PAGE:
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Management article
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Reference no. SMR49214
Authors: Terry Leap
Published by: MIT Sloan School of Management
Published in: "MIT Sloan Management Review", 2007
Length: 7 pages
Data source: Field research

Abstract

Observers are often amazed when executives with impressive track records are mysteriously transformed into corrupt and tyrannical monsters once they become chief executive officers (CEOs). In truth, these executives often had serious character flaws that were either hidden or ignored for years. Corporate boards and search committees are not likely to detect personality problems of promising CEO candidates simply by examining their resumes or by conducting standard job interviews. This raises the question of how corporate boards or CEO search committees can penetrate the facade of an upwardly mobile executive who is, in reality, a wolf in sheep''s clothing. What danger signals do these individuals exhibit and what measures can be taken to reduce the likelihood of hiring a dysfunctional CEO? The author identifies eight potential danger signals including: (1) an obsession with acquiring prestige, power, and wealth; (2) a proclivity for developing grandiose strategies with little thought toward their implementation; and (3) a fondness for a data-driven management style that overshadows or ignores a broader vision. Even sterling CEOs occasionally exhibit one or more of the danger signals described here. Potentially bad CEOs, however, usually possess several of these characteristics, and they exhibit them repeatedly. There is no ideal method for selecting a CEO, and there may be no executive position that provides a true test of a person''s fitness to assume the top job, but there are several ways that a company can limit its risks when deciding on a CEO. Boards are usually cautious when looking at CEO candidates from outside the organization. They are more likely to be lulled into a sense of complacency, however, when considering an internal candidate. Some suggestions for screening prospective CEOs include disregarding the time-tested rule that past success is a predictor of future success, performing a thorough background check that focuses on a candidate''s integrity and interpersonal skills and using experience-based interviews to test CEO finalists.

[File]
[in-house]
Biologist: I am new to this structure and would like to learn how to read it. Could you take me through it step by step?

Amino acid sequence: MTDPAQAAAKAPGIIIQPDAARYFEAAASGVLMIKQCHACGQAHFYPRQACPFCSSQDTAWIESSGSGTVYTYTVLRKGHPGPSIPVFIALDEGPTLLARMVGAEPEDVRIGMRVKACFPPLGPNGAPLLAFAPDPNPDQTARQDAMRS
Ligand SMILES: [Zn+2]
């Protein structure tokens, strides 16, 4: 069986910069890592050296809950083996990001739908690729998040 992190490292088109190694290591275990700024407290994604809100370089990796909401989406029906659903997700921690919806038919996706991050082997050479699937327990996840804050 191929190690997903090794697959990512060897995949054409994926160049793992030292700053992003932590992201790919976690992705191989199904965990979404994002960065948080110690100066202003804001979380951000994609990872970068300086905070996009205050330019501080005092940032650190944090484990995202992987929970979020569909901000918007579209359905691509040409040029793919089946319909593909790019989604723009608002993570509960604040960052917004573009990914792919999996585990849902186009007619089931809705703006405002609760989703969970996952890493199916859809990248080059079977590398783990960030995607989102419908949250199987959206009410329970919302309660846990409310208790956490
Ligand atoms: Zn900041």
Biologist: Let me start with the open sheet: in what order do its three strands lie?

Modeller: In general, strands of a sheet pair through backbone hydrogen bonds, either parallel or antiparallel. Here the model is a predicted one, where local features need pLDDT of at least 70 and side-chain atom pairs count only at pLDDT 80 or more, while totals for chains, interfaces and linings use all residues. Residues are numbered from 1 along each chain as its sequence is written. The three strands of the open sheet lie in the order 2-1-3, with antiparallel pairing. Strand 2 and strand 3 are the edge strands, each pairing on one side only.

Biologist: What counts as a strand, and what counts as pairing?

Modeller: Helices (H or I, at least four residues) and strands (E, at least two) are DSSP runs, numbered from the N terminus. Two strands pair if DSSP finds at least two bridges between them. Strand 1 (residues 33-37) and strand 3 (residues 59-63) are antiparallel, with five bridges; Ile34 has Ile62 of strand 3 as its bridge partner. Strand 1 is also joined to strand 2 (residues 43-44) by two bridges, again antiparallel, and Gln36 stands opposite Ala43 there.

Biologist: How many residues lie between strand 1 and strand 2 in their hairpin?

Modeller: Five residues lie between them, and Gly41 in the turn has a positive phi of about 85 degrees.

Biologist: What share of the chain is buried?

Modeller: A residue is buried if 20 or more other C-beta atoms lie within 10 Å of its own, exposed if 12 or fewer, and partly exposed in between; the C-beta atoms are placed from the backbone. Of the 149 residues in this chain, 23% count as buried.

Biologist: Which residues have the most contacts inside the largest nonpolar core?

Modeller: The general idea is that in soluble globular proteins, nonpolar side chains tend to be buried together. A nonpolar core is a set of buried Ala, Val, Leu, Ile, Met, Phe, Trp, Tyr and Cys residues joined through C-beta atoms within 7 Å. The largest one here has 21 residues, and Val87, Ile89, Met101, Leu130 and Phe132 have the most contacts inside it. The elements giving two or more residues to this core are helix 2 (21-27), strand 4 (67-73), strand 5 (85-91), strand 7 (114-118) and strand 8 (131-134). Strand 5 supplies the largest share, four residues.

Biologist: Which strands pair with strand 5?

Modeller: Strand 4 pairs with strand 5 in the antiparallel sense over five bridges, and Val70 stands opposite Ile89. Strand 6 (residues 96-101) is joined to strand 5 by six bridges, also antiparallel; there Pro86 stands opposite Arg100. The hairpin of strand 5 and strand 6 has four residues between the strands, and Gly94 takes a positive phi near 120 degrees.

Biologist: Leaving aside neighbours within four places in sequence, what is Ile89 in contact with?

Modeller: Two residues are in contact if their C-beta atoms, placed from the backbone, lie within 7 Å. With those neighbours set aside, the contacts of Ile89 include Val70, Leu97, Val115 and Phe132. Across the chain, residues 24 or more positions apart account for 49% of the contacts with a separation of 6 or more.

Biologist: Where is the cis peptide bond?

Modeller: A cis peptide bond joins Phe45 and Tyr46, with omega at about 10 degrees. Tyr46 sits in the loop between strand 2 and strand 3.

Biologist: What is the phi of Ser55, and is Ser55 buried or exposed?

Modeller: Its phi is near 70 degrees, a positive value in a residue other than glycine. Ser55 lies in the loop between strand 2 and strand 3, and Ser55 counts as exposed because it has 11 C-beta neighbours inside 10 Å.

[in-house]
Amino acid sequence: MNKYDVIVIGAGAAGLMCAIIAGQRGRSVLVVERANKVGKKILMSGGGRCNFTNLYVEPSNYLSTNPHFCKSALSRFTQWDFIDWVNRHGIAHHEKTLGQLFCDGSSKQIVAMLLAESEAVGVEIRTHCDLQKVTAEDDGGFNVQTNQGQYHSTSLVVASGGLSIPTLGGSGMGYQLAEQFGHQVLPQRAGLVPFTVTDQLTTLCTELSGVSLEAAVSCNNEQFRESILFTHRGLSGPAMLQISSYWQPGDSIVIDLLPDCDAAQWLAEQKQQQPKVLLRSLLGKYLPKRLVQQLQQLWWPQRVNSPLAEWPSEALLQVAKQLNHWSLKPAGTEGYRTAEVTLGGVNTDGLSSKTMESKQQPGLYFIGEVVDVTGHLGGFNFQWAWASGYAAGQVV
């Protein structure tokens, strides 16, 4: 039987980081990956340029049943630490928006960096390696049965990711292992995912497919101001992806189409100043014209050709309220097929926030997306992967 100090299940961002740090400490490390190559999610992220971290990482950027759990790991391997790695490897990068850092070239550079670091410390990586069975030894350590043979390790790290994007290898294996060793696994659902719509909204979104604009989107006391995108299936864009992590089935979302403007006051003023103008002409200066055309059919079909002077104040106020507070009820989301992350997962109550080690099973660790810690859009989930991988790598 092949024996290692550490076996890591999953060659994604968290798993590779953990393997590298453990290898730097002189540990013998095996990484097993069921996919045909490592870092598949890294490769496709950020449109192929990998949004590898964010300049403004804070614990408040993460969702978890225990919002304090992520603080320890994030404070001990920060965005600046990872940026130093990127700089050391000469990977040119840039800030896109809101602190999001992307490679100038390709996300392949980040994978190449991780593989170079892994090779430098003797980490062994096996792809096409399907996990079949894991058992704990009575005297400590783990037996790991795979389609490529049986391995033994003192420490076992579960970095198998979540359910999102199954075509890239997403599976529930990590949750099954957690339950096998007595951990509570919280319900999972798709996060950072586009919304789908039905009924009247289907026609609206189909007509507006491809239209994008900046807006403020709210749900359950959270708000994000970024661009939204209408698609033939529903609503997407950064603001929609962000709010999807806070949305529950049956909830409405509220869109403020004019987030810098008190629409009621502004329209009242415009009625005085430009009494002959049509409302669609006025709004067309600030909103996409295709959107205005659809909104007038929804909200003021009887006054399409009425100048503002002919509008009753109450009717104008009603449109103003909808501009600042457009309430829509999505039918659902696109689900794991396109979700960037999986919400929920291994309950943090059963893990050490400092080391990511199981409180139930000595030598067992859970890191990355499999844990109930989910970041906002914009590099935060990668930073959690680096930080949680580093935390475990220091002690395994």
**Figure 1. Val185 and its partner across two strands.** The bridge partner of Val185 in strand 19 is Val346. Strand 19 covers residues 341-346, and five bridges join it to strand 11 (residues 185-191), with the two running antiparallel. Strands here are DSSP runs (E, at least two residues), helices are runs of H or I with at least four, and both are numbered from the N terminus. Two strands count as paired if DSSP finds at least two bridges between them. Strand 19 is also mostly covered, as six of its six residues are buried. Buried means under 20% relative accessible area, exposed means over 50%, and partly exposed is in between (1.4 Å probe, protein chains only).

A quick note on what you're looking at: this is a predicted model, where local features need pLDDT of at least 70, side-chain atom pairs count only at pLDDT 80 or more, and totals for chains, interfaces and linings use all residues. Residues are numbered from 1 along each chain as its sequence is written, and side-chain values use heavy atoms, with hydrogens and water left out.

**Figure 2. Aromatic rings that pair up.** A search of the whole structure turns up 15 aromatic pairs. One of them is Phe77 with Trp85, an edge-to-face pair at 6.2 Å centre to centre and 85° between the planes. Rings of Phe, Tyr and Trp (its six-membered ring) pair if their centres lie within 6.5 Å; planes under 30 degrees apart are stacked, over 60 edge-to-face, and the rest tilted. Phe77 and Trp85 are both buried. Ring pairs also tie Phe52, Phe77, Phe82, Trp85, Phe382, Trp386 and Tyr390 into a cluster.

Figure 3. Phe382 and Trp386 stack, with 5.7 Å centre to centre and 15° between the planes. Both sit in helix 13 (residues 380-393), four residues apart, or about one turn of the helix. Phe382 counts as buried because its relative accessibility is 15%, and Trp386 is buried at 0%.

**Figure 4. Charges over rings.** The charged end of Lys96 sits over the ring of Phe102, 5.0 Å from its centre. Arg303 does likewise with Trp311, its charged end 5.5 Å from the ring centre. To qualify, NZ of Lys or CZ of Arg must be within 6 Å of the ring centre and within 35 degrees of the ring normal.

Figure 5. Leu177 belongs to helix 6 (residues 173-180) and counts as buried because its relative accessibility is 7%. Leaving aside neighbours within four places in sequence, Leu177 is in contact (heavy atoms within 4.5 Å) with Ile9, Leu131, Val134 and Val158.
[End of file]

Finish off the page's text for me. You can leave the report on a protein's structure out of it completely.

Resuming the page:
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Abstract

Observers are often amazed when executives with impressive track records are mysteriously transformed into corrupt and tyrannical monsters once they become chief executive officers (CEOs). In truth, these executives often had serious character flaws that were either hidden or ignored for years. Corporate boards and search committees are not likely to detect personality problems of promising CEO candidates simply by examining their resumes or by conducting standard job interviews. This raises the question of how corporate boards or CEO search committees can penetrate the facade of an upwardly mobile executive who is, in reality, a wolf in sheep''s clothing. What danger signals do these individuals exhibit and what measures can be taken to reduce the likelihood of hiring a dysfunctional CEO? The author identifies eight potential danger signals including: (1) an obsession with acquiring prestige, power, and wealth; (2) a proclivity for developing grandiose strategies with little thought toward their implementation; and (3) a fondness for a data-driven management style that overshadows or ignores a broader vision. Even sterling CEOs occasionally exhibit one or more of the danger signals described here. Potentially bad CEOs, however, usually possess several of these characteristics, and they exhibit them repeatedly. There is no ideal method for selecting a CEO, and there may be no executive position that provides a true test of a person''s fitness to assume the top job, but there are several ways that a company can limit its risks when deciding on a CEO. Boards are usually cautious when looking at CEO candidates from outside the organization. They are more likely to be lulled into a sense of complacency, however, when considering an internal candidate. Some suggestions for screening prospective CEOs include disregarding the time-tested rule that past success is a predictor of future success, performing a thorough background check that focuses on a candidate''s integrity and interpersonal skills and using experience-based interviews to test CEO finalists.

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